What It Means to Be Human: The Case for the Body in Public Bioethics

O. Carter Snead (Author)
Available

Product Details

Price
$47.94
Publisher
Harvard University Press
Publish Date
October 13, 2020
Pages
336
Dimensions
5.8 X 8.1 X 1.3 inches | 1.05 pounds
Language
English
Type
Hardcover
EAN/UPC
9780674987722

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About the Author

O. Carter Snead is William P. and Hazel B. White Director of the de Nicola Center for Ethics and Culture, Professor of Law, and Concurrent Professor of Political Science at the University of Notre Dame. He is a member of the Pontifical Academy for Life, the principal bioethics advisory body to Pope Francis, and a Fellow of the Hastings Center.

Reviews

What It Means to Be Human belongs on the desk of anyone concerned about the challenges ahead in the field of public bioethics. After taking a hard look at the flawed assumptions that shape most of today's thinking, Snead outlines an approach firmly grounded in the complexity of human experience.--Mary Ann Glendon, author of The Forum and the Tower
This remarkable and insightful account of contemporary public bioethics and its individualist assumptions is indispensable reading for anyone with bioethical concerns. Whether you agree or disagree with Snead's perspective, all will be in his debt for this critical work.--Alasdair MacIntyre, author of After Virtue
O. Carter Snead has written a brilliantly insightful book about how American law has enshrined individual autonomy as the highest moral good. He suggests an alternative foundation for contemporary bioethics, based on an understanding of human beings as social creatures, embedded in mutually dependent physical bodies. Highly thought-provoking.--Francis Fukuyama, author of Identity: The Demand for Dignity and the Politics of Resentment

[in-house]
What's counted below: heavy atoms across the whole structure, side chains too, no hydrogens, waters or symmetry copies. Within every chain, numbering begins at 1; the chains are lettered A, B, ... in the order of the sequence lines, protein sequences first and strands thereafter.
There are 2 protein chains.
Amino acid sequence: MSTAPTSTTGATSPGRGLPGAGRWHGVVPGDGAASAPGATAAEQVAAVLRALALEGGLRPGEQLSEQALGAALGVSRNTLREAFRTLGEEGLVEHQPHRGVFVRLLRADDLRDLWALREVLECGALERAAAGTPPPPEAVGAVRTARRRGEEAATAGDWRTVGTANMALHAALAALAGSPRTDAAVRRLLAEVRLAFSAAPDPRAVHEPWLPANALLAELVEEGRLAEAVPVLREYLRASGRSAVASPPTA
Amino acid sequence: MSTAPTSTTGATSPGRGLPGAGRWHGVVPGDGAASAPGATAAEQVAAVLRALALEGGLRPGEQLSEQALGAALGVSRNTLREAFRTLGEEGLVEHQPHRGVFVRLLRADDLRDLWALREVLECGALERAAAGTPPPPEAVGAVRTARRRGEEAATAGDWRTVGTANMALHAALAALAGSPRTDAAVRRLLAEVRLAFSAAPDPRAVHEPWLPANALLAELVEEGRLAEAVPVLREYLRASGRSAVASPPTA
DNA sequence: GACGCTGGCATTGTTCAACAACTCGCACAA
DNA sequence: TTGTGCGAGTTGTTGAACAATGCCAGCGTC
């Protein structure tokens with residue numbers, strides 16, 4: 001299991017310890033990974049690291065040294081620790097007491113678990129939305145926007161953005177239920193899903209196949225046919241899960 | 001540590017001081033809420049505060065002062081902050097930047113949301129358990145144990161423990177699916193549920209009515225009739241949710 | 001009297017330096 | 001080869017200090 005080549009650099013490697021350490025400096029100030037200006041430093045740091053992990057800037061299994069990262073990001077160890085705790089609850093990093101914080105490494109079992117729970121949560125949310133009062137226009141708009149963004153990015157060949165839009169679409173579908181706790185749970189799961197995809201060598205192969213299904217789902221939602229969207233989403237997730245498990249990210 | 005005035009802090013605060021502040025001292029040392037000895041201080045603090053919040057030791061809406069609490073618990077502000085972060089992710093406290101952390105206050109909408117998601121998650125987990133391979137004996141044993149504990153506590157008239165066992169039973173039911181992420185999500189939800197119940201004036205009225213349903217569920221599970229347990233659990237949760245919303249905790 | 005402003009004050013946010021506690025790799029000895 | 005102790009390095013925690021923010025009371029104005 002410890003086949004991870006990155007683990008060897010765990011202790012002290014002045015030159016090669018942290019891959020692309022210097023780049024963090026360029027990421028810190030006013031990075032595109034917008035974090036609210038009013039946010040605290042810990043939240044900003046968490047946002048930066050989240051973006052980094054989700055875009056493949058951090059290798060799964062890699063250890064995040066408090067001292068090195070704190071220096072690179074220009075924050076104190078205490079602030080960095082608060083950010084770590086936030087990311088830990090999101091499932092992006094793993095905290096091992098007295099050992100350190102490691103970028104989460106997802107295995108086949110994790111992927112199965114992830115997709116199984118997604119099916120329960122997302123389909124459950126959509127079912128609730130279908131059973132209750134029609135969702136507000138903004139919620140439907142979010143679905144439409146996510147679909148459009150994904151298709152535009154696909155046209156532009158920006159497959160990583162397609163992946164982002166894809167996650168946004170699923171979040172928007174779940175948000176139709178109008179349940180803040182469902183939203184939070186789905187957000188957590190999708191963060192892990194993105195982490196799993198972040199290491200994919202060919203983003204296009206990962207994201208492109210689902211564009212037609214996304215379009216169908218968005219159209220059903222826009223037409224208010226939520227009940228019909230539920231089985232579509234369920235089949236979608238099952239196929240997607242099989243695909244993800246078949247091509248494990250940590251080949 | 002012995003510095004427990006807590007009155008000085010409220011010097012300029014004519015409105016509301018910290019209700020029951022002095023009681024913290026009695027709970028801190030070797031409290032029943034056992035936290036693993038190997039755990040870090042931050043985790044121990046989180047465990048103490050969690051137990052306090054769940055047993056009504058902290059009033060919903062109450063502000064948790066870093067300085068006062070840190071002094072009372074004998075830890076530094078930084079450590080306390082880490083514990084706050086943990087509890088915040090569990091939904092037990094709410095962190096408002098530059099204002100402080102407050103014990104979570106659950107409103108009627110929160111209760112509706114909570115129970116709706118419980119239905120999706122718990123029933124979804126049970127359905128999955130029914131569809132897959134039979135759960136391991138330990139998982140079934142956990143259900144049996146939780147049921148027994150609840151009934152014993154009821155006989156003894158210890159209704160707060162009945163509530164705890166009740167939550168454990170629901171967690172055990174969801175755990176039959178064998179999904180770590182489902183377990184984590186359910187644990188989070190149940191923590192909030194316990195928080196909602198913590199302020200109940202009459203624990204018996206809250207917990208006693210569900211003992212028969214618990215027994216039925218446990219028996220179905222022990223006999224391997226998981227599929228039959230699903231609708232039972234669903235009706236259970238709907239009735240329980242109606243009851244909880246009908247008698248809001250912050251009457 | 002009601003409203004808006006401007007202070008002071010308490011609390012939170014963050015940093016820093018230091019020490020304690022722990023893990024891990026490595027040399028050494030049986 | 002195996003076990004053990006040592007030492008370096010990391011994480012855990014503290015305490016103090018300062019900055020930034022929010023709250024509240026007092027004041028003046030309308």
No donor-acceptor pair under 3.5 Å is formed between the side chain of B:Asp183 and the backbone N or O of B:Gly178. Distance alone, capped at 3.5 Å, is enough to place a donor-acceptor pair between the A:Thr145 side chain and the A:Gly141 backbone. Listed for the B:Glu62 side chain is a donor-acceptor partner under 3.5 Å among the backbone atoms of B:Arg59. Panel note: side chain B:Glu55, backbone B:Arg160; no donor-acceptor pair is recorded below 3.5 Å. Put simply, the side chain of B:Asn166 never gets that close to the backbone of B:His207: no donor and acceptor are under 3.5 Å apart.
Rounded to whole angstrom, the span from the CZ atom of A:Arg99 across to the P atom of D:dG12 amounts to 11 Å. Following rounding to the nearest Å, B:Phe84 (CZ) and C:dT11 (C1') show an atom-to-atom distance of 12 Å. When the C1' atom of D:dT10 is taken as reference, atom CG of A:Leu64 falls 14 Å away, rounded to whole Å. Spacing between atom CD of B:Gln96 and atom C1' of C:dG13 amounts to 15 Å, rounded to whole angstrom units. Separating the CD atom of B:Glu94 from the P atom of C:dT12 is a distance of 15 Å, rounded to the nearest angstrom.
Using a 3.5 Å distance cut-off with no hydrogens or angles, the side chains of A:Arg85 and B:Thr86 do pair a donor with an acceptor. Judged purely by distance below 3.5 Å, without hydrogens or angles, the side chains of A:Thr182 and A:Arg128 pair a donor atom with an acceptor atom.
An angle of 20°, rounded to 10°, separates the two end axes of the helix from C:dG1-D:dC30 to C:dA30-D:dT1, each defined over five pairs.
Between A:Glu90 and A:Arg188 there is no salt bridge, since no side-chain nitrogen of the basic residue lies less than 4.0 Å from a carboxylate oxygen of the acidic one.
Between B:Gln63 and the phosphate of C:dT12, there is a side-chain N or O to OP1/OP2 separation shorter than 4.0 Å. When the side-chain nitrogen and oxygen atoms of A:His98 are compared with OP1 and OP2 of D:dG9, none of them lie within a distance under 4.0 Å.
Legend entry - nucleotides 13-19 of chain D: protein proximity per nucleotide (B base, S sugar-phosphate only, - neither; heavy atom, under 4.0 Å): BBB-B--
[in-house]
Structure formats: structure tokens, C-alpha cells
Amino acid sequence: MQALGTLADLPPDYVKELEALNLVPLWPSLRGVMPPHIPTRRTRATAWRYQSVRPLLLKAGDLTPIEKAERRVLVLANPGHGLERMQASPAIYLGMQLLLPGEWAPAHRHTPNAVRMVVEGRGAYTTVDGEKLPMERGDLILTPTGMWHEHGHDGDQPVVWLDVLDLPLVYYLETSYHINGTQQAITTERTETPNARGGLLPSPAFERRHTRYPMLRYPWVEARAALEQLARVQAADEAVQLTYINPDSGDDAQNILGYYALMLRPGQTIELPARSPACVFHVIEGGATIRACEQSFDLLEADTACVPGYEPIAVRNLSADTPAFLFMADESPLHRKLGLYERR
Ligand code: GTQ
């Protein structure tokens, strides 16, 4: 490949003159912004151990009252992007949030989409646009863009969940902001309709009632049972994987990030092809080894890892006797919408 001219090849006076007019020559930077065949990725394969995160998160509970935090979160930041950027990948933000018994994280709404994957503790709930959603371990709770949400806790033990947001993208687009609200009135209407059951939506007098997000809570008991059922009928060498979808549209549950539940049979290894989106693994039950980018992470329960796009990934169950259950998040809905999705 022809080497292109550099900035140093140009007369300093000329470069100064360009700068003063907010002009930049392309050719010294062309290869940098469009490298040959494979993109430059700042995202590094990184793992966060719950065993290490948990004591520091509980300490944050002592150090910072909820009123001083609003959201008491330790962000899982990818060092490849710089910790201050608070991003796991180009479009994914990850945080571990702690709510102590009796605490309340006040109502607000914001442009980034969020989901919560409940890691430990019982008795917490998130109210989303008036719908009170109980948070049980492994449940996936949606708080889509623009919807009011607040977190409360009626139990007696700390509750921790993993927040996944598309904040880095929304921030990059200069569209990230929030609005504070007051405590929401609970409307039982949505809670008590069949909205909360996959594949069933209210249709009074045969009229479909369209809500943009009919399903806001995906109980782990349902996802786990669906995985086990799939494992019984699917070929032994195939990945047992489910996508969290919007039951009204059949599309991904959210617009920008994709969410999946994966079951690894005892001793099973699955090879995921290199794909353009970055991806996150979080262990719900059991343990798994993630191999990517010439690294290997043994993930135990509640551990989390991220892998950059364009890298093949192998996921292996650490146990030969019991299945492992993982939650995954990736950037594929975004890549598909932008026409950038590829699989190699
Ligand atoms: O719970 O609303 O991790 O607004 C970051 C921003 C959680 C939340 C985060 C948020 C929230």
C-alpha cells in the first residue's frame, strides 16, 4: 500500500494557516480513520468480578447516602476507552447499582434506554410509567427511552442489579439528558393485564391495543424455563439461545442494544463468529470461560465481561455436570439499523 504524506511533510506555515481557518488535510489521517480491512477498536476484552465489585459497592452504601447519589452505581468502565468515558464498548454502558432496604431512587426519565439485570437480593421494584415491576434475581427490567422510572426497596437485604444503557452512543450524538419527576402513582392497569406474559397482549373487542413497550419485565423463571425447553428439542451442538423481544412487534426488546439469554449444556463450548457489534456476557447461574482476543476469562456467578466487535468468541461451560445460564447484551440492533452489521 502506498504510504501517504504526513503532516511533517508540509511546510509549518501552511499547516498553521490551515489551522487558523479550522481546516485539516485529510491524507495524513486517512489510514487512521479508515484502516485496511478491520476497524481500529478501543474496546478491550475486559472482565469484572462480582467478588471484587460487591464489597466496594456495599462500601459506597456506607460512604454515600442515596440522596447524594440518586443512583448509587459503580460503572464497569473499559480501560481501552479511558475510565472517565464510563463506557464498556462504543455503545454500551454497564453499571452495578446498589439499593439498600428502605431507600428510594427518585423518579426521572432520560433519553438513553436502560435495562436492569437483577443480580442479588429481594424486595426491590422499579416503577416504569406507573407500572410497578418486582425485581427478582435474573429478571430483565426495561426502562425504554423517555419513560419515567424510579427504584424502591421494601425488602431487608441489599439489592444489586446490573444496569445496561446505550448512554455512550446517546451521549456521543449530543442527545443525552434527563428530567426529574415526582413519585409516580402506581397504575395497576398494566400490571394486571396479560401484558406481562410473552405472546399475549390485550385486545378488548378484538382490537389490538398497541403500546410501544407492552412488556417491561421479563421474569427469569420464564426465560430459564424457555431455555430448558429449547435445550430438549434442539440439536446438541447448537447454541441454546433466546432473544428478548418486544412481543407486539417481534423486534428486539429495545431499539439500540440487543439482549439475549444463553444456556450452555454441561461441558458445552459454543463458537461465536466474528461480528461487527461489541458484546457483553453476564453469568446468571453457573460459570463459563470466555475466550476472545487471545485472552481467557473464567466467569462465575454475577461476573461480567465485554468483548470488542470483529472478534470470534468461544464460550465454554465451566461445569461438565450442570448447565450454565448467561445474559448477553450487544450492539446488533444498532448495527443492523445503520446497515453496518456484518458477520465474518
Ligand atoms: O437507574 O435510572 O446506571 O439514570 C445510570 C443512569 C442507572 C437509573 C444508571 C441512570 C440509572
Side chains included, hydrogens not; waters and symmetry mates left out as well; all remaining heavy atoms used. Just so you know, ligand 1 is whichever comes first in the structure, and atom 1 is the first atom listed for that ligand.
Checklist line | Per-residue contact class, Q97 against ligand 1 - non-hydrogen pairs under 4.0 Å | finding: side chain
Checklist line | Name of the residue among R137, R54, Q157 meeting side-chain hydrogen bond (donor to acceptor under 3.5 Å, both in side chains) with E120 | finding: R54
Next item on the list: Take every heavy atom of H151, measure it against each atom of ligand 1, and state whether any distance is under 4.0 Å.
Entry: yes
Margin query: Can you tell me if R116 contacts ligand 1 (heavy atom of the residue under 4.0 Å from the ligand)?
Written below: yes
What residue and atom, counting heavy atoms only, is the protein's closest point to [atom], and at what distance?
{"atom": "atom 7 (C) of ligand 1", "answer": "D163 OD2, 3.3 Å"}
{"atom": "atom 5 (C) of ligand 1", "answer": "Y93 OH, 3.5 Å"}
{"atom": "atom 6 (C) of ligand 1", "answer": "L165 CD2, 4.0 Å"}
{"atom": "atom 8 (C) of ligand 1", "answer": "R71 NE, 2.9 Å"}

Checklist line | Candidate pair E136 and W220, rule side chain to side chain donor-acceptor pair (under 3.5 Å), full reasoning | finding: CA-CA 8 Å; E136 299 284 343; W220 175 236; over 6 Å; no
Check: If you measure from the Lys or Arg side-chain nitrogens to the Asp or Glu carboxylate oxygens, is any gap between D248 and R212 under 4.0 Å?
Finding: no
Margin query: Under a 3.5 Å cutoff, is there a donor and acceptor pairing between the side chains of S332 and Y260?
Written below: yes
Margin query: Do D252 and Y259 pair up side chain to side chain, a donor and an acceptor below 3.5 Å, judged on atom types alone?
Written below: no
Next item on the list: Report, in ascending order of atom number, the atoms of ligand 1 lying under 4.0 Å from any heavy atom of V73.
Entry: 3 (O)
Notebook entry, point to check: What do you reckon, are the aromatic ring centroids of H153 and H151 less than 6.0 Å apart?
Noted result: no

Public bioethics has for too long labored under the illusion that its purpose is to maximize individual choice. Snead shows how this results in policies that are hostile to human beings as they actually are: essentially embodied, ever dependent on others, flourishing only when loving and being loved. This is required reading.--Farr Curlin, Trent Center for Bioethics, Duke University
Faulty anthropology makes for faulty law, especially when the subject is human life itself. Through a meticulous analysis of American legal cases touching the beginnings and ends of life, O. Carter Snead demonstrates how our entire approach to bioethical matters ironically ignores the lived reality and value of human embodiment, pointing the way to a richer approach that will promote social solidarity. A most significant achievement!--Leon R. Kass, Chairman, President's Council on Bioethics (2002-2005)